Treating Severe Childhood Diarrhea

syringe2Diarrhea is not a topic most of us like to think about much, but this week's New England Journal of Medicine brings it to the front burner. That's because childhood diarrhea is a leading cause of death, yes, that's right, death, for millions of infants and children worldwide. Most of that diarrhea is caused by a virus known as a rotavirus, and the good news is, vaccines are effective at preventing it.

Effect of Rotavirus Vaccination on Death from Childhood Diarrhea in Mexico describes the utility of vaccination in preventing a significant number of deaths due to rotavirus caused diarrhea. Depending on the age of the children vaccinated, the death rate declined by about 40%. Effect of Human Rotavirus Vaccine on Severe Diarrhea in African Infants showed that severe diarrhea and death was reduced about 55% in children who received two or three doses of the vaccine.

This is great news, right? Let's just ship out lots of vaccine to these countries and prevent a leading cause of child mortality. Well, as William Shakespeare and Rick intone, here's the rub: there are serious challenges to the distribution of the vaccine to the hinterlands. Once reconstituted, the vaccine must be refrigerated, and that's almost impossible in many parts of the world. But perhaps the biggest issue, and this is an indictment of Western society, is the money.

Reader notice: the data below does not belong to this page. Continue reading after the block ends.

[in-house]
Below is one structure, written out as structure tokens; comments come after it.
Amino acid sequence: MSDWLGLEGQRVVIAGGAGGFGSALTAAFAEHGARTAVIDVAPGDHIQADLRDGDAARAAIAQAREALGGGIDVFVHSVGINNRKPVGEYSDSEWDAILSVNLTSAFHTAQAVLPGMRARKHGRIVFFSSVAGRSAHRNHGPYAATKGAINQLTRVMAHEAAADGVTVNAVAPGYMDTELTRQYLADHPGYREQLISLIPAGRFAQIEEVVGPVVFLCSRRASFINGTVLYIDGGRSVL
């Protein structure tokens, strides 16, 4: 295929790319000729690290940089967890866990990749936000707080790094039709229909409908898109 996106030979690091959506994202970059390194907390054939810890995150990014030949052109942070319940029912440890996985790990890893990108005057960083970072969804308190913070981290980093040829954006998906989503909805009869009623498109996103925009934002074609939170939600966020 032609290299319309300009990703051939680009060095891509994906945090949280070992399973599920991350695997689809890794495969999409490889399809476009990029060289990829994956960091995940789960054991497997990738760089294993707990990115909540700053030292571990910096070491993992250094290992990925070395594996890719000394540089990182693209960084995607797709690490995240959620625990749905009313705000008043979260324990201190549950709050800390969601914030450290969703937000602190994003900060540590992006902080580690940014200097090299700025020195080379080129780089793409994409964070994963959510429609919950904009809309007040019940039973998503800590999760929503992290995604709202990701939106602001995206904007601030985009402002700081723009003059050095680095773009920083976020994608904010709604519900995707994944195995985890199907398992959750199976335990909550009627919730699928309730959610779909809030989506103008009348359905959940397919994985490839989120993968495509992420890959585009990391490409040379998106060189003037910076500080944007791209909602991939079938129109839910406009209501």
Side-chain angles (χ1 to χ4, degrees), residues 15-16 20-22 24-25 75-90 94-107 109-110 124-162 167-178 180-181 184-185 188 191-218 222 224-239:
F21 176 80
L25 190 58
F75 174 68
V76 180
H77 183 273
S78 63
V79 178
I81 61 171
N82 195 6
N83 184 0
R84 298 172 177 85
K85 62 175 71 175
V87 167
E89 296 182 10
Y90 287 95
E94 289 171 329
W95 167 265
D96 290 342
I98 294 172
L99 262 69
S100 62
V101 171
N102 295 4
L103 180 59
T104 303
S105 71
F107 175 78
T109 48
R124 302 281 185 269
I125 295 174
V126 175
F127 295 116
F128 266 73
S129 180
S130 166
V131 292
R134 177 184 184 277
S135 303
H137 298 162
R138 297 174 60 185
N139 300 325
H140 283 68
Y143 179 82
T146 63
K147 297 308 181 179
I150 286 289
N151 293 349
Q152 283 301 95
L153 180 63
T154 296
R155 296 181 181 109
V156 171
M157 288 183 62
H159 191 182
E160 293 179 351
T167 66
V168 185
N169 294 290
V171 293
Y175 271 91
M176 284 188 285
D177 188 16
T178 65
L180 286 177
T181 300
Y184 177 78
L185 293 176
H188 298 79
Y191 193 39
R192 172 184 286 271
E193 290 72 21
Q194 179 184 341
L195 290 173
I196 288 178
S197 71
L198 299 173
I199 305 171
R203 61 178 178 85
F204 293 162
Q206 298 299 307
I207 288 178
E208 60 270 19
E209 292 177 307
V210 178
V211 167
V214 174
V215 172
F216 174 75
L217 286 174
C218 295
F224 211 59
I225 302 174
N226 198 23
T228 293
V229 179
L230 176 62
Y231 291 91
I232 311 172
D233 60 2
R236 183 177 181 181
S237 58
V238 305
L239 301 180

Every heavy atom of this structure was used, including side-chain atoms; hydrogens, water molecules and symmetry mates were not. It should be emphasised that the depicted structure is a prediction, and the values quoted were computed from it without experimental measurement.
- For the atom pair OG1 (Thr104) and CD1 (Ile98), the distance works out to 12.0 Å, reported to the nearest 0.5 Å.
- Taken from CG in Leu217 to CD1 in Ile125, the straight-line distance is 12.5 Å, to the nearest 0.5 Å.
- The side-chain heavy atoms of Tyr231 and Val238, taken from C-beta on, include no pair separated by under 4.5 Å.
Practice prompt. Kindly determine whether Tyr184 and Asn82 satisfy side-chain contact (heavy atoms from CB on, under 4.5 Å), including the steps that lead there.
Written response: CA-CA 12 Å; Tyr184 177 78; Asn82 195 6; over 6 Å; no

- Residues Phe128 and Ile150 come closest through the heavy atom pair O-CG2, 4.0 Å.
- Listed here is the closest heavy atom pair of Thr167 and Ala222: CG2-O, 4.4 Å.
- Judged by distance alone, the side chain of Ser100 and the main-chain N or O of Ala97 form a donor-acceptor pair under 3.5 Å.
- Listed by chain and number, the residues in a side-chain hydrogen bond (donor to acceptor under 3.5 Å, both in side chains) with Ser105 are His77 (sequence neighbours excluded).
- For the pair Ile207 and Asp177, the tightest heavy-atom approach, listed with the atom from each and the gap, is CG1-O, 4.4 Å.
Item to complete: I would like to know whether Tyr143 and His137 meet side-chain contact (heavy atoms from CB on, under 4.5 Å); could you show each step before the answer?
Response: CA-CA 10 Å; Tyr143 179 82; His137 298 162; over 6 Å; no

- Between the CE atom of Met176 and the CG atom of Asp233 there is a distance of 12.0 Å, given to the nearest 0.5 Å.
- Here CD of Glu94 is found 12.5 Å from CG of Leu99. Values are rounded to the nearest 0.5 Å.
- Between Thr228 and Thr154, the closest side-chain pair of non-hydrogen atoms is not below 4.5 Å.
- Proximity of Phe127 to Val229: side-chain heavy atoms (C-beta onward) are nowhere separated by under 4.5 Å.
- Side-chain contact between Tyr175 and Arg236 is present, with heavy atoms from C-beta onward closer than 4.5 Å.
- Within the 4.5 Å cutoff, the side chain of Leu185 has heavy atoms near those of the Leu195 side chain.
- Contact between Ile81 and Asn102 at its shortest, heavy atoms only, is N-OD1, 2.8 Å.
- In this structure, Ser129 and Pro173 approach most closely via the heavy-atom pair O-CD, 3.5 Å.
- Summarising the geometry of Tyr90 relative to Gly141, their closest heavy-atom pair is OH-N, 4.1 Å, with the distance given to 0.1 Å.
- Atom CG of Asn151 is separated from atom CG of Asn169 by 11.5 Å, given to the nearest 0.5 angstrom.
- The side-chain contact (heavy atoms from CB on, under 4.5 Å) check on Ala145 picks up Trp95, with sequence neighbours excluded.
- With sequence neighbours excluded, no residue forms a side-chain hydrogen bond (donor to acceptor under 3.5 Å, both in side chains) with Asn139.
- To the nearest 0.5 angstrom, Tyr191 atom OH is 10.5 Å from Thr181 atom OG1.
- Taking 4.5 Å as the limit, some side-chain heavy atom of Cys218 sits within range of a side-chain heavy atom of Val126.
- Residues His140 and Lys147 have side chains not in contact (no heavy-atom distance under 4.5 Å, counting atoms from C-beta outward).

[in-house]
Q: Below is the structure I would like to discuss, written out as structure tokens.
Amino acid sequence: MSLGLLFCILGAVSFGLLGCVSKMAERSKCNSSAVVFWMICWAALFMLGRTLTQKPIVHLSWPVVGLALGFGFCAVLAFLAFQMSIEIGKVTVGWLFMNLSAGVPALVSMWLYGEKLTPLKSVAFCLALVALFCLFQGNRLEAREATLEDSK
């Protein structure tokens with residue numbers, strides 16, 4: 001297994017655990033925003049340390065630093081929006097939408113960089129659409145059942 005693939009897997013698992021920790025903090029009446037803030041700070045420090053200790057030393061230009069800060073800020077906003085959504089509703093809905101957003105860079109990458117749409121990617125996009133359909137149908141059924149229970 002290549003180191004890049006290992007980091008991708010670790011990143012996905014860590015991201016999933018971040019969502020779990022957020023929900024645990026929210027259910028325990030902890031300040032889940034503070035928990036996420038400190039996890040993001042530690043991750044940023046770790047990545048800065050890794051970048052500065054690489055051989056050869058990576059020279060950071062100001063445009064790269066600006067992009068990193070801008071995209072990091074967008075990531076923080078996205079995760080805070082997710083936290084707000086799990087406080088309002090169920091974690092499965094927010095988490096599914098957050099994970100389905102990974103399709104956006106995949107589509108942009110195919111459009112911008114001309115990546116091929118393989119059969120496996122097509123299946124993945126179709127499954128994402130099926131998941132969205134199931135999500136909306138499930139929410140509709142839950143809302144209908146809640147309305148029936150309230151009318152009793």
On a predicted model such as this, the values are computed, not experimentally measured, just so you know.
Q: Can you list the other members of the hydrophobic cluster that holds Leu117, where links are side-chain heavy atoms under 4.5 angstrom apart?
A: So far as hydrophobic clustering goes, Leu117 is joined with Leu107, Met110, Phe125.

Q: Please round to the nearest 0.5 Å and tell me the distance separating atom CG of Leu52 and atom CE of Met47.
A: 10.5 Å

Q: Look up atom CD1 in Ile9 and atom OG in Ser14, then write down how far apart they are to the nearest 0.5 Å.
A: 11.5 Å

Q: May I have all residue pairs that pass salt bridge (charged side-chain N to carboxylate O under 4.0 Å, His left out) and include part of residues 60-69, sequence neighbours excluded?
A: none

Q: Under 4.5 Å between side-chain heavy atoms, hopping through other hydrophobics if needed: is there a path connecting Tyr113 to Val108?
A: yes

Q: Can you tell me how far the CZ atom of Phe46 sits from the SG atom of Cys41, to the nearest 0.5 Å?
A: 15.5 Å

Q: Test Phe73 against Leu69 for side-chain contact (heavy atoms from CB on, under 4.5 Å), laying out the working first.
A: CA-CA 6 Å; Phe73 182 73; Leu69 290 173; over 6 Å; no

Turns out that here in the US, vaccination costs about $75 to $100. For much of the developing world, that may as well be $1 million dollars, since such a sum may comprise the family's budget for months. Right now, manufacturers are providing the vaccine at a very reduced cost, just pennies per dose in fact, but that's a limited time offer. Soon this lifesaving preventative will be beyond the reach of those who need it desperately.

Such stories give us pause as we argue and labor over reform of our healthcare system (such as it is) domestically. Seems like we should be able to earmark dollars for prevention, clearly the best strategy for virtually all health conditions, and especially for the young worldwide.

Other topics this week include how to use antibiotics in adults in the ICU in this week's Lancet, use of steroids and insulin in ICU patients in JAMA, and also in JAMA, the best way to treat that common heart condition, atrial fibrillation. Here's the link to the podcast: Until next week, y'all live well.

VN:F [1.9.17_1161]
Rating: 0.0/5 (0 votes cast)
1 Comment

{ 1 comment… read it below or add one }


buy generic viagra May 5, 2010 at 1:19 pm

debemos recordar que cualquier molestia que tengamos en nuestro cuerpo debemos ir al medico lo mas pronto posible para asi evitar complicaciones futuras...


Leave a Comment

You can use these HTML tags and attributes: <a href="" title=""> <abbr title=""> <acronym title=""> <b> <blockquote cite=""> <cite> <code> <del datetime=""> <em> <i> <q cite=""> <s> <strike> <strong>

Johns Hopkins Medicine does not necessarily endorse, nor does Johns Hopkins Medicine edit or control, the content of posted comments by third parties on this website. However, Johns Hopkins Medicine reserves the right to remove any such postings that come to the attention of Johns Hopkins Medicine which are deemed to contain objectionable or inappropriate content.

Previous post:

Next post: